While standing on the shore of San Francisco’s East Bay, I noticed a plaque. It told the story of one of the worst chapters in American history, possibly the worst since the abolition of slavery, the time we imprisoned hundreds of thousands of American citizens, simply for their heritage.
Many years ago, when I first learned of the Japanese internment camps, which were the result of an executive order by the progressive icon, Franklin Delano Roosevelt, I became deeply conflicted. How can someone who I’ve come to revere make such an unjust decision? How would I have reacted had I been alive during WWII?
While I’ll never, with absolute certainty, know the answers to those questions, I do know that FDR’s decision was political. Our country had just been attacked by the Japanese. People were frightened. Roosevelt had succumb to the most vile and racist of human instincts, by punishing an entire race of people for the actions of their former government.
“Special interest groups were extremely active in applying pressure for mass evacuation. Mr. Austin E. Anson, managing secretary of the Salinas Vegetable Grower-Shipper Association, has frankly admitted that ‘We’re charged with wanting to get rid of the Japs for selfish reasons. We do. It’s a question of whether the white man lives on the Pacific Coast or the brown men. They came into this valley to work, and they stayed to take over. … They undersell the white man in the markets. … They work their women and children while the white farmer has to pay wages for his help,. If all the Japs were removed tomorrow, we’d never miss them in two weeks, because the white farmers can take over and produce everything the Jap grows. And we don’t want them back when the war ends, either.'”
This, of course, wasn’t the last time our country engaged in actions that were socially unjust. Then Senator John F. Kennedy, while not actively involved in McCarthyism, another jingoistic and reactionary attempt at stripping civil rights from American citizens, especially Jewish people, did nothing to stop his friend. This one, especially, hits home for me. Had I been alive during the time, I have no doubt I would have been blacklisted. My grandparents were.
Lyndon Johnson escalated the Vietnam War. Bill Clinton was quoted as saying, “that the U.S. has the right to use military force to ensure uninhibited access to key markets, energy supplies, and strategic resources,” and must maintain huge military forces “forward deployed” in Europe and Asia “in order to shape people’s opinions about us” and “to shape events that will affect our livelihood and our security.”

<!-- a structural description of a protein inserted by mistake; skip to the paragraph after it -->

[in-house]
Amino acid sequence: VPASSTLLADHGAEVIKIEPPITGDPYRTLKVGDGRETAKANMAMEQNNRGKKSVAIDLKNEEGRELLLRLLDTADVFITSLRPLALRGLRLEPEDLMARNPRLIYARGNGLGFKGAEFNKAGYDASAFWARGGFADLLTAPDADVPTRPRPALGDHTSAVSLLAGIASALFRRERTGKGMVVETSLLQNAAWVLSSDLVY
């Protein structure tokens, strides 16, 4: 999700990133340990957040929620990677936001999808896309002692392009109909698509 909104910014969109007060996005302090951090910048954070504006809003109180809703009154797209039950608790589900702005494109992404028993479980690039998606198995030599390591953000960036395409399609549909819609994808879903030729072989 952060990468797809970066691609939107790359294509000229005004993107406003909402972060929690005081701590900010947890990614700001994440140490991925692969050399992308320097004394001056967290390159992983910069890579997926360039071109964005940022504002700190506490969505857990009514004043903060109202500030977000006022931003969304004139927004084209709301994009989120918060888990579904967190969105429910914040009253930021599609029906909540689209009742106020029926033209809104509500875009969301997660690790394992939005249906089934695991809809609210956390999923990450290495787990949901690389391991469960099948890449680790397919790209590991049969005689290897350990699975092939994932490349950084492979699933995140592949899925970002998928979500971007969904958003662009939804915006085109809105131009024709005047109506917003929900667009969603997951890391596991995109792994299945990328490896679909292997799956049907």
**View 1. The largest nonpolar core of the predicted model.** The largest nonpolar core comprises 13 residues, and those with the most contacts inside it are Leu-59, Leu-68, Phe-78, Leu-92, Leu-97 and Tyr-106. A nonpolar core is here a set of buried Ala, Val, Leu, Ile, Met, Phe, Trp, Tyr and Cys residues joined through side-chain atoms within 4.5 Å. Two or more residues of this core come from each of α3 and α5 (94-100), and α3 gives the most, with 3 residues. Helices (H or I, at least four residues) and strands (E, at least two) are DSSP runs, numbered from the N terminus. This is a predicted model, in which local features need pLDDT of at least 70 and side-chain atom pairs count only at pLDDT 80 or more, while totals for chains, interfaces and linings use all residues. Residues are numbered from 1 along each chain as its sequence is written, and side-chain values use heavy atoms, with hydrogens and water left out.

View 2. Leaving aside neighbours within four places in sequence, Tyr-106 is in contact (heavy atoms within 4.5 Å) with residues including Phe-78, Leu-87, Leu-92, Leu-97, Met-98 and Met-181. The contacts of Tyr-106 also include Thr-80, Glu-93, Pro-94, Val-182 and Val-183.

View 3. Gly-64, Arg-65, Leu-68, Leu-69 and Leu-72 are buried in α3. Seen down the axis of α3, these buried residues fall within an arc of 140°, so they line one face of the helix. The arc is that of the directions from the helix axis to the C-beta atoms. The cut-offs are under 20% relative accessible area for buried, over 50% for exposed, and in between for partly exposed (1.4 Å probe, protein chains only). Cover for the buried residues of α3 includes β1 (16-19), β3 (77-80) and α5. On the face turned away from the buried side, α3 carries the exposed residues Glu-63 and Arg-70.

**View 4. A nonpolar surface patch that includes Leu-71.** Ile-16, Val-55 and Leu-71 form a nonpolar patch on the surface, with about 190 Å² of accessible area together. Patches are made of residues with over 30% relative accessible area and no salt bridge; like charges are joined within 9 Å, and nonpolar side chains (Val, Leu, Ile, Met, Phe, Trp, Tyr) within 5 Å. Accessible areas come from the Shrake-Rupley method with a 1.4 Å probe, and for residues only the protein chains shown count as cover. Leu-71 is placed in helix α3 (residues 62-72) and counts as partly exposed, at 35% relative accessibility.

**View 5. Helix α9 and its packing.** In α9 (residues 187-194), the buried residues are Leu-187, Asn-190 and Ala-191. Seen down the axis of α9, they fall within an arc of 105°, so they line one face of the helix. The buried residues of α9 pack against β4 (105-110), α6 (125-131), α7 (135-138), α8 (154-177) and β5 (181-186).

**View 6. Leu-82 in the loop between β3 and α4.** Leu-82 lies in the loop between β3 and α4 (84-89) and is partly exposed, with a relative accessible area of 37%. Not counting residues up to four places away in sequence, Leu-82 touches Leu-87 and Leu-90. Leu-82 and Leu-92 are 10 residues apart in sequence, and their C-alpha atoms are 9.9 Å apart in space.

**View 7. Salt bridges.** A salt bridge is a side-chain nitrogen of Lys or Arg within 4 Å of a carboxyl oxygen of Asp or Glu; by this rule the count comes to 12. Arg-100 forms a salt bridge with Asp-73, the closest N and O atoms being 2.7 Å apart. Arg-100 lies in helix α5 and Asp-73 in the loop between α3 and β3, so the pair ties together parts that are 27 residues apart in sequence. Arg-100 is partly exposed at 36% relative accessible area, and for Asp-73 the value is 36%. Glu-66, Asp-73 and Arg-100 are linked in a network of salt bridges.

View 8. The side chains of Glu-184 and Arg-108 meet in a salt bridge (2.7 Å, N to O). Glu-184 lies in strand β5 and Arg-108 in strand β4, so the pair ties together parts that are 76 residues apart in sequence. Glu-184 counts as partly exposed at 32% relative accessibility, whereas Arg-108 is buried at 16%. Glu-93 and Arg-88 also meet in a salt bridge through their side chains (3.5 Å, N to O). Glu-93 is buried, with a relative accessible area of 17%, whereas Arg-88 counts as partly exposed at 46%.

Need I remind you that George W. Bush bogged us down in two of the longest wars in American history? He indefinitely detained people with no hope of trials. His administration advocated and used torture. During his administration, our tax money was stolen and handed over to cronies. He left us with the worst economy since the Great Depression and the complete lack of respect from the rest of the world. Obviously, I could go on.
Like all Presidents, Barack Obama is flawed. Like all Presidents, his flaws are often glaring. On the campaign trail, Obama promised to close down the Guantanamo Bay Detention Center (Gitmo). It hasn’t happened.
Yesterday, the White House reemphasized that closing Gitmo is still a priority for the administration, while admitting that it is an uphill climb.
“The commitment that the president has to closing Guantanamo Bay is as firm today as it was during the (2008) campaign,” said White House spokesman Jay Carney.
“We are all are aware of the obstacles to getting that done as quickly as the president wanted to get it done … but the president’s commitment hasn’t changed at all.”